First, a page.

I resisted taking notes, making lists and keeping an agenda as an academic for a long time. I thought it was beneficial to rely on my own brain’s capacity to remember things and that it would also keep my mind fresh. That was at the beginning of my academic career; before I had any administrative duties, before I had large international networks, before I engaged in publishing and conference organizations. The more I found myself active in different areas of the academia, the harder it became to rely on my mind only.
So I also started to keep lists, take notes in an agenda, to decorate my desk with post-its. I found out that to a certain extent this has helped. However when I also realized even these new re-organization efforts had marginal benefits, I asked myself what has led to the loss of time I endured.
Although there may be many reasons, I found out that my main reason is that I do academic work when I absolutely enjoy it and refuse to work - or become lazy and distracted - when I am working on things I do not particularly enjoy. I realized that I am generally very enthusiastic and studious when I first start to do something and that my appetite slowly fades when I do more of what I set myself out to do. Apparently I suffer from some kind of what I will call “an enjoyable challenge syndrome”, where the enjoyability of the challenge comes from a sense of curiosity towards the unknown and a sense of confidence in myself for overcoming the challenge. I get distracted when I have to multitask because multitasking does not allow me to enjoy things I do and puts me under time pressure. Moreover, when it comes to research, if there are other things in my mind, then my academic work suffers and I know I’d better clear the other issues up before I can seriously commit myself to research.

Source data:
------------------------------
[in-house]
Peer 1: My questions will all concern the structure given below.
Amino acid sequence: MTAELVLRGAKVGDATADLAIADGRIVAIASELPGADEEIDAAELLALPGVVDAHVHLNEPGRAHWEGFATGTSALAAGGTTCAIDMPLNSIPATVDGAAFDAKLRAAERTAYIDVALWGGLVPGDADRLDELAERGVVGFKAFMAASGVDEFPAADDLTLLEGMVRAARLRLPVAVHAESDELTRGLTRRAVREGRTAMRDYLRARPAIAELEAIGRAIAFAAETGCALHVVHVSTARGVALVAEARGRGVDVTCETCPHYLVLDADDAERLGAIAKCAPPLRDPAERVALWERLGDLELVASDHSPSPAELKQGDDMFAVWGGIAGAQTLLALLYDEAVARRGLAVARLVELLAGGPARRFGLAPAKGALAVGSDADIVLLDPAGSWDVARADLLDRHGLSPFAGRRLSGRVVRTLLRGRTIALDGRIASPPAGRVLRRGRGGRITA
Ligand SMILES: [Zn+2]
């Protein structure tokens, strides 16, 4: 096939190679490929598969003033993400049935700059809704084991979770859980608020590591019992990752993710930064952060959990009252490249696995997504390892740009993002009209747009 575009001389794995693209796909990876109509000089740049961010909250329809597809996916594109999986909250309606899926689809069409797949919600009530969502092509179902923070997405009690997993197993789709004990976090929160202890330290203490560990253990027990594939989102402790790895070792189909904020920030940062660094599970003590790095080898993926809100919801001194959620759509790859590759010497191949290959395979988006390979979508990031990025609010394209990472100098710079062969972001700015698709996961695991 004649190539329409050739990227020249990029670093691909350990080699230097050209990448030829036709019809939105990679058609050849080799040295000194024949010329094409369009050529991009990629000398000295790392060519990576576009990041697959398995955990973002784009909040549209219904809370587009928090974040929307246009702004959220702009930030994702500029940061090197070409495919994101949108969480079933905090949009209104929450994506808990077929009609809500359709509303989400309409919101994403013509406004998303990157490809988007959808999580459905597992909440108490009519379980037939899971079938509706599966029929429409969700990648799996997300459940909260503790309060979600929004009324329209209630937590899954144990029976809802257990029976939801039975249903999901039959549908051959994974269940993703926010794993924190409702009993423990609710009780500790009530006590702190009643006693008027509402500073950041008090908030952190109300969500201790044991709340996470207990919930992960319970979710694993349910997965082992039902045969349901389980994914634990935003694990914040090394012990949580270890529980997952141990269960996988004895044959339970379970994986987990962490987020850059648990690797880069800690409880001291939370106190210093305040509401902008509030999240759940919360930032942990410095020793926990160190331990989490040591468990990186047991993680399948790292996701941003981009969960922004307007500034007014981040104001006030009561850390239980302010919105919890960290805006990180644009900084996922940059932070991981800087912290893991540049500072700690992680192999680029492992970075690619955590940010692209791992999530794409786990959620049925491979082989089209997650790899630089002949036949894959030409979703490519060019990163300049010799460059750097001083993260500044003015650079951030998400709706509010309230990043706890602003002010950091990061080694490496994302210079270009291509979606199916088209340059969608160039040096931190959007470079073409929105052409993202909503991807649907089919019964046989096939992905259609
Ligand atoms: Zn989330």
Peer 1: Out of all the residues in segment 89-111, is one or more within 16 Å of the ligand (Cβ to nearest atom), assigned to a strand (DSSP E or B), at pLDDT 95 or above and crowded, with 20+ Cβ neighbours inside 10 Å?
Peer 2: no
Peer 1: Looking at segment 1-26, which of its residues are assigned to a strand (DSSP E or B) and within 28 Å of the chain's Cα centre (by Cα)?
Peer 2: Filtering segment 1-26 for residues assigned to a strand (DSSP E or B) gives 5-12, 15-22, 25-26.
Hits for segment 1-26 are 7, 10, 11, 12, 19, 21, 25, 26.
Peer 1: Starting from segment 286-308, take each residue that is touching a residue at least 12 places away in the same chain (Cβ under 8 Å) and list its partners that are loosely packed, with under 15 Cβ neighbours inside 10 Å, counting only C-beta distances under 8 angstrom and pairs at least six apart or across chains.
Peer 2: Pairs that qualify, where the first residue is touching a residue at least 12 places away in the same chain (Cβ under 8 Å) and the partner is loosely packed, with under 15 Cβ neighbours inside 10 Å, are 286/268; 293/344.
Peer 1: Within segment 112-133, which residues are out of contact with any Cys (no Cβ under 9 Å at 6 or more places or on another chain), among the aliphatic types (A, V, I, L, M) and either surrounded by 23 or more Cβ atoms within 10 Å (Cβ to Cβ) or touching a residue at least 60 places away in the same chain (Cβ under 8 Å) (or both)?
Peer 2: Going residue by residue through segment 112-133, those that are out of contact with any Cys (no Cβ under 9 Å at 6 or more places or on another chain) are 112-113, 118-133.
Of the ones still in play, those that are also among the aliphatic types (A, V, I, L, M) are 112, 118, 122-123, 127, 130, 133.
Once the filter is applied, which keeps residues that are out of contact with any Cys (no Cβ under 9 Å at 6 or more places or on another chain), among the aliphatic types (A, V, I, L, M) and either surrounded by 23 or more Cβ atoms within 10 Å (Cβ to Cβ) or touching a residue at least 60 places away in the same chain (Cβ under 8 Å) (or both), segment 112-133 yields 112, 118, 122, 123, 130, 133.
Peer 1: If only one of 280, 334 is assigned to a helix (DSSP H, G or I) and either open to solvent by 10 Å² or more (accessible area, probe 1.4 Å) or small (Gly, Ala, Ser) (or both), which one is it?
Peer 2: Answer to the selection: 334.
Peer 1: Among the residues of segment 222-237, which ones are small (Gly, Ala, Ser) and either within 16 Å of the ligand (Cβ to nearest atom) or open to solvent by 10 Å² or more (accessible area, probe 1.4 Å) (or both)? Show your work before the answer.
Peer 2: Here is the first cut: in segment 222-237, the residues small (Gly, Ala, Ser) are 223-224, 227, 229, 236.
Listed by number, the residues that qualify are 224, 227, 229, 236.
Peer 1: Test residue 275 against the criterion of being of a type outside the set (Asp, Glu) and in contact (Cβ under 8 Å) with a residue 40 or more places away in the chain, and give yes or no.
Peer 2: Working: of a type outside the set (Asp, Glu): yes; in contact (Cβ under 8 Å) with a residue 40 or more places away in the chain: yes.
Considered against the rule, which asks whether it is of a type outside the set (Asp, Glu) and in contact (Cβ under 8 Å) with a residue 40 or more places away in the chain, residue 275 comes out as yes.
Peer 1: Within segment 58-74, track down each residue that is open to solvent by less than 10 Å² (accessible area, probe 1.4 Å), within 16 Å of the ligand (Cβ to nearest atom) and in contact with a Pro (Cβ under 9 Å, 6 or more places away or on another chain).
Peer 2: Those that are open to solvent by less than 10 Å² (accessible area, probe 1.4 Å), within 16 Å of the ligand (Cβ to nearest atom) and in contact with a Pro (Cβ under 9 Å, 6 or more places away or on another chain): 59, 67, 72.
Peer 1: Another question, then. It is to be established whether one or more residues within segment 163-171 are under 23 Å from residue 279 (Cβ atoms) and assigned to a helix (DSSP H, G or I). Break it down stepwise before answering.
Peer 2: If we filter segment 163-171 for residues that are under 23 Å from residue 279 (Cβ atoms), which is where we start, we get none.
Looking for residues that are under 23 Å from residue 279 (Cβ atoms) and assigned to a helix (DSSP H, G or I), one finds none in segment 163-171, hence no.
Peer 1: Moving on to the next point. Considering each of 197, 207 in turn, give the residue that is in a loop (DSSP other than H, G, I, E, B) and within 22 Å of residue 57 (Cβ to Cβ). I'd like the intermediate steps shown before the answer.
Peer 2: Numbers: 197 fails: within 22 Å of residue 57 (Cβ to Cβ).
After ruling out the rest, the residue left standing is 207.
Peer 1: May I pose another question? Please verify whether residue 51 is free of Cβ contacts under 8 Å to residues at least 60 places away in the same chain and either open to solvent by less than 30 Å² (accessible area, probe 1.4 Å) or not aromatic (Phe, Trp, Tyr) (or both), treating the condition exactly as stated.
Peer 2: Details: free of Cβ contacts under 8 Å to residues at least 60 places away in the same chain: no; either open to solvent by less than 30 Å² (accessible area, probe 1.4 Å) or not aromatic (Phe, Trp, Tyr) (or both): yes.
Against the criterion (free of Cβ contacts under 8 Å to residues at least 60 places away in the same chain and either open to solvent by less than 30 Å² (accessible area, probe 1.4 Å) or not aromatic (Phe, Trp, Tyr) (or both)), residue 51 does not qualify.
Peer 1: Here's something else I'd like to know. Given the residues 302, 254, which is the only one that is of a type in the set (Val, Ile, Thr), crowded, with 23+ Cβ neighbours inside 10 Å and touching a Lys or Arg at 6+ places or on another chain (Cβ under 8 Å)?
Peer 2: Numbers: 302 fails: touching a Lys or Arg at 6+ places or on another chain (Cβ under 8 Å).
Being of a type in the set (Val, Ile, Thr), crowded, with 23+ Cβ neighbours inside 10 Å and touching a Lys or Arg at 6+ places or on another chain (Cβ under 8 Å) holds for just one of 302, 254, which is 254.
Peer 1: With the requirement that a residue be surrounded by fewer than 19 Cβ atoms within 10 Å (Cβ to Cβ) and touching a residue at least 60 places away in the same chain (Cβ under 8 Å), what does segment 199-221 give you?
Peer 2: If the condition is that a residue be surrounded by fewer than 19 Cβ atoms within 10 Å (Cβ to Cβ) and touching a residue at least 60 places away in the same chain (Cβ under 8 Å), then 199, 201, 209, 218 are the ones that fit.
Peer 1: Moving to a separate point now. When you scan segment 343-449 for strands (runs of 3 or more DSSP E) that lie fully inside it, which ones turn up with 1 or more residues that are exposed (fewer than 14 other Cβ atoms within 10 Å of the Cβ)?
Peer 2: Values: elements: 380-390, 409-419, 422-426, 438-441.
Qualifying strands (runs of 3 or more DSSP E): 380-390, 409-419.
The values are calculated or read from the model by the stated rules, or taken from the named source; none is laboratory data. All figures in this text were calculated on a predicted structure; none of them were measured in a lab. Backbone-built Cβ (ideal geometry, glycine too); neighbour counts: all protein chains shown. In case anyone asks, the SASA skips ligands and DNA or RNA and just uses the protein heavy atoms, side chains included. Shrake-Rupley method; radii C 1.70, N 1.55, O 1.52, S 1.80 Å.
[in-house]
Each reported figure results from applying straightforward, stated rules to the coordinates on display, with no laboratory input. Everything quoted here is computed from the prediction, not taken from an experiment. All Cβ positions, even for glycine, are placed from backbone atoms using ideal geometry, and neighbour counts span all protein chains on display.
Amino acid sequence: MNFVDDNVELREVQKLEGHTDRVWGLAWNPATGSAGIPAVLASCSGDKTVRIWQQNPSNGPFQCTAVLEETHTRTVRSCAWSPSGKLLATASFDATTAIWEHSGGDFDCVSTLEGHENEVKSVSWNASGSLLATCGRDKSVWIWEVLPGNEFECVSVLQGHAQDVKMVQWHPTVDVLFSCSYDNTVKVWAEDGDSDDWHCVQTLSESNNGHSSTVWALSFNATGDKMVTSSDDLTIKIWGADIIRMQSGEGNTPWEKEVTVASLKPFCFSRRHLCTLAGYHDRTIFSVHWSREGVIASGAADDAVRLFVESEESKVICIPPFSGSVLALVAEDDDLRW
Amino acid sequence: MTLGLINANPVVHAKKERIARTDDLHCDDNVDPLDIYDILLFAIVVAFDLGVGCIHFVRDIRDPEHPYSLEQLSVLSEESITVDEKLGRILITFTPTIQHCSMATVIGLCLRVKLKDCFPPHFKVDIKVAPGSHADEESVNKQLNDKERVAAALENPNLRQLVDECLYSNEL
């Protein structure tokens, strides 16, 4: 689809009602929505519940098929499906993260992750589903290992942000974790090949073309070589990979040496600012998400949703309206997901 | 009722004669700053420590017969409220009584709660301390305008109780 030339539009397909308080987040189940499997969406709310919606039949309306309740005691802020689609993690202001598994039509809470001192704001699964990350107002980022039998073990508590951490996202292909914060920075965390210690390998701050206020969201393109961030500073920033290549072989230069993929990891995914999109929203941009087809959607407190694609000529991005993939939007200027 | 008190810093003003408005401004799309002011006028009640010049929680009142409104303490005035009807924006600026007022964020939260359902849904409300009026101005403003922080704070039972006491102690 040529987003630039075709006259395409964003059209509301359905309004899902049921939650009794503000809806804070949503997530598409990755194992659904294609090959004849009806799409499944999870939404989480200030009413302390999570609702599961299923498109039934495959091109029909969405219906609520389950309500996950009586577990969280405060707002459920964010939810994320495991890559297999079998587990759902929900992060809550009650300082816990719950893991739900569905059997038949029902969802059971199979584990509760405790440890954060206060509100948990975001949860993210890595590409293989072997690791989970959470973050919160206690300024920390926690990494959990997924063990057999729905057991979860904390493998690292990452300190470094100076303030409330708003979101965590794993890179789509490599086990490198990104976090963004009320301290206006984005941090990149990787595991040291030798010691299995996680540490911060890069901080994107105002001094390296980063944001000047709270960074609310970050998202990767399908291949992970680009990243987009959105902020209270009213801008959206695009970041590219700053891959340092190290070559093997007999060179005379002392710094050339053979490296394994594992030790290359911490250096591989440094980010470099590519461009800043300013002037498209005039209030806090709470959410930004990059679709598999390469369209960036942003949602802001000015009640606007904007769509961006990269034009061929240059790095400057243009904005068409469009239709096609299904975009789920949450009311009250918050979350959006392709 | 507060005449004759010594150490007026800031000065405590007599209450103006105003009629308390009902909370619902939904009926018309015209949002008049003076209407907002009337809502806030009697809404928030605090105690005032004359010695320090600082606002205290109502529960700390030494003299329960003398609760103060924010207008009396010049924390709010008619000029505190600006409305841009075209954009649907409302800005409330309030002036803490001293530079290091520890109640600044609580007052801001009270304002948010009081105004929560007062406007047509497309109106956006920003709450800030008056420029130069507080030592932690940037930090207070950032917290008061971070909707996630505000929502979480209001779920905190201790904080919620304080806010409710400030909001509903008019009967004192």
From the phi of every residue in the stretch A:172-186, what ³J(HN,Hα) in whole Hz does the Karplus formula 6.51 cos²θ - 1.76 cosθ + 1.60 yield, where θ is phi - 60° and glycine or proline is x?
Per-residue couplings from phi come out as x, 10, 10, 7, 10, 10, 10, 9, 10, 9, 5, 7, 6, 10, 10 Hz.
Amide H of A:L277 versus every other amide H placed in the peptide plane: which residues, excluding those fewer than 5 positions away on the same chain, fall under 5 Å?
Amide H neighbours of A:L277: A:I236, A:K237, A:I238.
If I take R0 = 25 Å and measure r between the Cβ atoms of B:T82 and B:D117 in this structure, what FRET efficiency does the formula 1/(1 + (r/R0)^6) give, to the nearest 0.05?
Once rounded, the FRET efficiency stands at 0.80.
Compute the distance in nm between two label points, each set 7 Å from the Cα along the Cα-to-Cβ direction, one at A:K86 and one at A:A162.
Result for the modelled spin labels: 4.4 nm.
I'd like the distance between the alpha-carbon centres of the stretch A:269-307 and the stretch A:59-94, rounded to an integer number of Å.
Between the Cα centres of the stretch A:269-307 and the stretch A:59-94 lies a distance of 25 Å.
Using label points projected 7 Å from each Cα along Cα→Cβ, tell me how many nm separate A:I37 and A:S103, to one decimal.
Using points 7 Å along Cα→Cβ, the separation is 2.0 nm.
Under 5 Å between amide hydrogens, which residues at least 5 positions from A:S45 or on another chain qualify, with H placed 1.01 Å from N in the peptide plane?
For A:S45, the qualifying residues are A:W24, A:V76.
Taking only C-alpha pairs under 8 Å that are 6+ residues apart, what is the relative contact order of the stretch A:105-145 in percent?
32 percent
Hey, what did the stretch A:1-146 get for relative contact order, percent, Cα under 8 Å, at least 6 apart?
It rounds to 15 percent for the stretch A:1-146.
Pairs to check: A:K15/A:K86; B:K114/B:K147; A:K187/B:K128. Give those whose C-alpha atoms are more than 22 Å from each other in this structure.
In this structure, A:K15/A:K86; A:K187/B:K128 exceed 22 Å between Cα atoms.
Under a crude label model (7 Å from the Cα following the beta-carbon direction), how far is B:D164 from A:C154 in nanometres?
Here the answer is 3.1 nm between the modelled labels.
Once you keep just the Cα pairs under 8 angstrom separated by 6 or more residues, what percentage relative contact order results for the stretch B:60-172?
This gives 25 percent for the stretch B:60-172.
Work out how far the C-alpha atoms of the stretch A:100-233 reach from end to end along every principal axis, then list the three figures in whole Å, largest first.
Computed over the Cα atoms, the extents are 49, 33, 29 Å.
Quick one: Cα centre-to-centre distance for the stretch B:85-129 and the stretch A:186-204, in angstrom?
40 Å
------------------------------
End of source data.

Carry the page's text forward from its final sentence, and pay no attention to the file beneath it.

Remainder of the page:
Yet when I opened this topic up to discussion among friends from academia from several different institutions and countries, other issues also came up as possible reasons for a loss of time. The list below addresses both personal and institutional reasons and includes but is not limited to the following:
Although the times to teach classes may set a schedule for an academic, most of academics’ time is unstructured and therefore depends a lot on the habits and the preferences of the academic in question.
Perfectionism in everything one does may create a loss of time since it makes one spend an unnecessary amount of time on things that should matter less. An inability to prioritize generally happens aside perfectionism which may create a false sense of importance for things that really are not.
Students are the unpredictable factor. Their special needs, the challenges that they face can be very time consuming.
Time management for an academic is also dependent on the level of institutionalization in the university / institute one works at. In institutionalized settings, the academics can focus on their actual jobs and tasks. In uninstitutionalized settings, the academic is at the mercy of the way the University administration handles things.
Therefore a cooperative atmosphere among faculty members of the University as well as one who respects the need to work alone for those academics who prefer that, the effectiveness of the administrative staff and the standard operating procedures they use, the stability of the administrative and academic staff all define the working culture at the institution and are strong antidotes for loss of time.
The personality and working habits of the people around an academic as well as their egos are also a factor. Even if you may be a rather fast decision maker and an effective team member, when others in your team, commission, department etc. are not, or when you see yourself as a team member and others see you as a subordinate, you suffer from loss of time due to their slowness in decision making, or ineffectiveness, or even from their enthusiasm to dictate things you should do.
What other distractors or factors can you think of that make an academic lose time?
*[Editor’s note: The author would like to thank Mr. Proust for the inspiration]
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